Behind the E.U. action, however, is the larger debate within Greece itself – between government, academic officials, and the colleges in question – about whether this private higher education sector (and the competition it brings) in fact helps or hinders the quality of higher education across the country. Opinions within Greece remain largely divided. But what does seem certain is that, if Greece does not work with the E.U. to satisfy these new demands, the nation may well be facing the European Court of Justice in the very near future.
Source: “E.U. Presses Greece on Private Colleges”. NYTimes, com, April 10, 2011.
3) OVER THE COUNTER – In the UK, new rules find a new rule-breaker.
Scotland’s Glasgow Caledonian University has become the first in the UK to have its license to support international students suspended – albeit temporarily – by the UK Borders Agency (UKBA).
The decision came after an agency inspection discovered that 150 Filipino nursing students from the university’s BSC Nursing (Professional Development) course had been working almost full-time. Although this course involves a large quantity of work-based learning, according to new UK laws – which came into force only a month ago – foreign students are only entitled to work for a maximum of 20 hours a week while studying. Instead, the UKBA inspection found that these students were working full-time in care homes, only attending formal studies for one or two days each month, instead of the required minimum of 15 hours per week.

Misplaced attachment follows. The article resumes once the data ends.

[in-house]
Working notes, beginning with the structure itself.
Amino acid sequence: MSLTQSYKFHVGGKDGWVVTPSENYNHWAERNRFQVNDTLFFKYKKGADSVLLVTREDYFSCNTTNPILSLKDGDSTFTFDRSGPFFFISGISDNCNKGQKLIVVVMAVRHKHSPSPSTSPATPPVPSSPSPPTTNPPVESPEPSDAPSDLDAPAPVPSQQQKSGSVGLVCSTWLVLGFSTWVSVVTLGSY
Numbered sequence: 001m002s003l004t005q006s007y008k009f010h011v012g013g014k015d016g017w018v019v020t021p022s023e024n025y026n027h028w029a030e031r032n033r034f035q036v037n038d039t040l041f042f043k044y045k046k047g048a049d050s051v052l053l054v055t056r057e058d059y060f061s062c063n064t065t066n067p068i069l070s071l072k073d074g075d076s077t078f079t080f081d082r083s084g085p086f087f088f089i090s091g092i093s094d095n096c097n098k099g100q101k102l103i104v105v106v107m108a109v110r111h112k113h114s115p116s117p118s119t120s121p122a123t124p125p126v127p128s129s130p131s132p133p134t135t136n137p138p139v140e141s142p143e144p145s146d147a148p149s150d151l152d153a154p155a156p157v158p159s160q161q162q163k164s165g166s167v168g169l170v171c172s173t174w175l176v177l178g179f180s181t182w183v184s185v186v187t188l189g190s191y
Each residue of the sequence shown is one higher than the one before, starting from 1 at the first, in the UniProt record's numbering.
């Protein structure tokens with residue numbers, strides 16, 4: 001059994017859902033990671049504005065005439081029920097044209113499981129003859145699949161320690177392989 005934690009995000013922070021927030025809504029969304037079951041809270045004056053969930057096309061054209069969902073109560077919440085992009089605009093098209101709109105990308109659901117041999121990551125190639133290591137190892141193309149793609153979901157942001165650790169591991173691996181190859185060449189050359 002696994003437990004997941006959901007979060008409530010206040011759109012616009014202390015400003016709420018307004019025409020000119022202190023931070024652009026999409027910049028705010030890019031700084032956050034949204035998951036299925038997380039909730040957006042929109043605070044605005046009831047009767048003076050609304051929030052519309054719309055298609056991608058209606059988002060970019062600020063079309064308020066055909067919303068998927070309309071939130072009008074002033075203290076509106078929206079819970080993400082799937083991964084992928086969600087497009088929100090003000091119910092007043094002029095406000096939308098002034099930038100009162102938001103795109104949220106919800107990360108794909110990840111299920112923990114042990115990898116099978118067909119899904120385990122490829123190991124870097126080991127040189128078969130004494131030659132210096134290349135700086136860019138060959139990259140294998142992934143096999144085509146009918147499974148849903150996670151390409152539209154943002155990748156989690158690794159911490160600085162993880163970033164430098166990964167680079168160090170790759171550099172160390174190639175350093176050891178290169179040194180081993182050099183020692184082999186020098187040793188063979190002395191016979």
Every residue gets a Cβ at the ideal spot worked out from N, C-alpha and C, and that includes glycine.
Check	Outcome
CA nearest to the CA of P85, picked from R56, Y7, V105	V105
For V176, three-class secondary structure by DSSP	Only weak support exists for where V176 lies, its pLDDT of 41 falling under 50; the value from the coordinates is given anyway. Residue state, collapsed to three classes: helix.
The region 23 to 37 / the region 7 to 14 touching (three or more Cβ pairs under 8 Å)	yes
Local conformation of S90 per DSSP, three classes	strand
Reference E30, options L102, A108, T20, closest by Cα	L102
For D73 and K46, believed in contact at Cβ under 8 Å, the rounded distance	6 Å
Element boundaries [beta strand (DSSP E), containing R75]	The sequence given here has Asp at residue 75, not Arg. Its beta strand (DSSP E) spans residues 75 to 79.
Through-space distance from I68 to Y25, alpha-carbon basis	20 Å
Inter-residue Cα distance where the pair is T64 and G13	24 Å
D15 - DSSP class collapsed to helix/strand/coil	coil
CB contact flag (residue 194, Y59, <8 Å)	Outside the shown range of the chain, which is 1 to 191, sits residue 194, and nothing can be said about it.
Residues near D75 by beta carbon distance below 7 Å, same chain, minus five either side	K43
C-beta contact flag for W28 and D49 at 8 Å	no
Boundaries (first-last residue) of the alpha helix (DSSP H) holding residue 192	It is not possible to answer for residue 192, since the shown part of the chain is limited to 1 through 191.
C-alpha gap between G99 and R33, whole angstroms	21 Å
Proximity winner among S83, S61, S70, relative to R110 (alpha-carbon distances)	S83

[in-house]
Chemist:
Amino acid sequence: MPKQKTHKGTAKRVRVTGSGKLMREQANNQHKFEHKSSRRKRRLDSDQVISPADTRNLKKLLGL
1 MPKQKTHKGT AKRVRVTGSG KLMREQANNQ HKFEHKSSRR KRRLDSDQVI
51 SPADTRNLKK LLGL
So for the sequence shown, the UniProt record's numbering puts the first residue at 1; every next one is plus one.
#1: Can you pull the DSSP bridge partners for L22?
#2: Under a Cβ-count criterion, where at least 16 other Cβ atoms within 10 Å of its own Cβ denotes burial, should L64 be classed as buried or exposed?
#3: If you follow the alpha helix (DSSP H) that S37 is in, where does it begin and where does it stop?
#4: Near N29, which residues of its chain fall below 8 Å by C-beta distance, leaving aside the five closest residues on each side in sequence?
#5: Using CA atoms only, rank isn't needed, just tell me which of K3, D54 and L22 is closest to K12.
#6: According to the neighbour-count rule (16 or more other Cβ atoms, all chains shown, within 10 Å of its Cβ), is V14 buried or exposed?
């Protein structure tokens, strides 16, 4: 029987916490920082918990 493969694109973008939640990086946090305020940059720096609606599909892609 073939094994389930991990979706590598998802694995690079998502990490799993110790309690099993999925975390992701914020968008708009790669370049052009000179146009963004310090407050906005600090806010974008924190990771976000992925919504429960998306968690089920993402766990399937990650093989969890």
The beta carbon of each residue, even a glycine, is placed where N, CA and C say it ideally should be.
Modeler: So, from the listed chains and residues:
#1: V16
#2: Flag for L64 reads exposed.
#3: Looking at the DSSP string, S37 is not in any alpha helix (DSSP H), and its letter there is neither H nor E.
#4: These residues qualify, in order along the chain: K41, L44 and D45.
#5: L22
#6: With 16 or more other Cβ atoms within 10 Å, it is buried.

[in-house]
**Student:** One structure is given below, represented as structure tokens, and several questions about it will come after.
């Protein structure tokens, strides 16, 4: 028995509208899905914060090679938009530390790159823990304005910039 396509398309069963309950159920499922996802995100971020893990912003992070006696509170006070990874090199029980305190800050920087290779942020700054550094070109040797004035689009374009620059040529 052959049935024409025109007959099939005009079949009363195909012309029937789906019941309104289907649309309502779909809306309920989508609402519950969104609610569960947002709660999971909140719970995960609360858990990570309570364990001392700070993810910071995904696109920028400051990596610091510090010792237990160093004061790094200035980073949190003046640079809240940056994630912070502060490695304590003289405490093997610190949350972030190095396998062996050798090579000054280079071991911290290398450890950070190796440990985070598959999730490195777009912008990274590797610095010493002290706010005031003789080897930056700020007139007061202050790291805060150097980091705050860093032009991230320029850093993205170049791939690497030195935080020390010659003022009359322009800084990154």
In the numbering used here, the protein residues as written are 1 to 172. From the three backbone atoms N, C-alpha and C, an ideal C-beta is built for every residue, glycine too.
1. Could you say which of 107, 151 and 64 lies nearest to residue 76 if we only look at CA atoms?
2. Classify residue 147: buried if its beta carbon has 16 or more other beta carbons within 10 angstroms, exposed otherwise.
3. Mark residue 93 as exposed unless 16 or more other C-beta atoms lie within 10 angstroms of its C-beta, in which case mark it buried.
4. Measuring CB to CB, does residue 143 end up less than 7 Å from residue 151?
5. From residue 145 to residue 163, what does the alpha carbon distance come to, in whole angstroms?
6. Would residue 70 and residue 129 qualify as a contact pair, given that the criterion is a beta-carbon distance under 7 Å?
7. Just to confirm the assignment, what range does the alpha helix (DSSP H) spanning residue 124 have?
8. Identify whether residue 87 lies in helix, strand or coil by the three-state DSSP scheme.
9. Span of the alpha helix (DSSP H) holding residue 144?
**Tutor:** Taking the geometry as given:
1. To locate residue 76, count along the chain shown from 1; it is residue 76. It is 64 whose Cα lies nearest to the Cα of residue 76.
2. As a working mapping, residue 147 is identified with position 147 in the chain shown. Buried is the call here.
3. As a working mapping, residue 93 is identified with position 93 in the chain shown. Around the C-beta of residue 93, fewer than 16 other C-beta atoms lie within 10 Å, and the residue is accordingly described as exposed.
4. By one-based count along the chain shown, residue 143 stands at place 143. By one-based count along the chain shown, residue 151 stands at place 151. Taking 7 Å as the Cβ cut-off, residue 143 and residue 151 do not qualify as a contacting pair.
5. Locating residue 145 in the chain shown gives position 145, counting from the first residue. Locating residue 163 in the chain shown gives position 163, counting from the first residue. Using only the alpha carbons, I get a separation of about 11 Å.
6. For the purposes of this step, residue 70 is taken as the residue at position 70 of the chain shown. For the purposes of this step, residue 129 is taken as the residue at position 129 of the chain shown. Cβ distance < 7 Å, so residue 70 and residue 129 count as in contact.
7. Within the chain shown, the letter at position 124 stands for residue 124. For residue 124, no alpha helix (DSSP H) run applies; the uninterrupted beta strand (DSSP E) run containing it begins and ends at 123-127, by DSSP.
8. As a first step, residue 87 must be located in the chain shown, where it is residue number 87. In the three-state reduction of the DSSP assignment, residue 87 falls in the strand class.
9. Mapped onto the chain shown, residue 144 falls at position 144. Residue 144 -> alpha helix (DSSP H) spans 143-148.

The university has 28 days to demonstrate to the Home Office that it has addressed the concerns, or it may have its international student “trusted sponsor” license revoked completely. Although university officials feel the action taken against them is “disproportionate”, they say they are working fully with authorities to better understand the issues and implement any changes as necessary.
Currently, about 10% of the university’s 17,000 students come from overseas.
Sources: “Licence suspended at British university amid student visa concerns”. Expatforum.com , April 25, 2011.
& “Glasgow Caledonian University has licence suspended”. BBC News, April 21, 2011.
4) GLOBE TIPPING – Becoming a Minimalist Traveller
It’s easy to stress out when travelling – especially when trying to keep straight bags and bags of heavy luggage, fistfuls of travel documents and important papers, and wallets literally crammed with different kinds of cards, currencies, and coins… But for those looking to de-stress the entire travel process, here are a few key tips, all based around one simple idea: Minimize.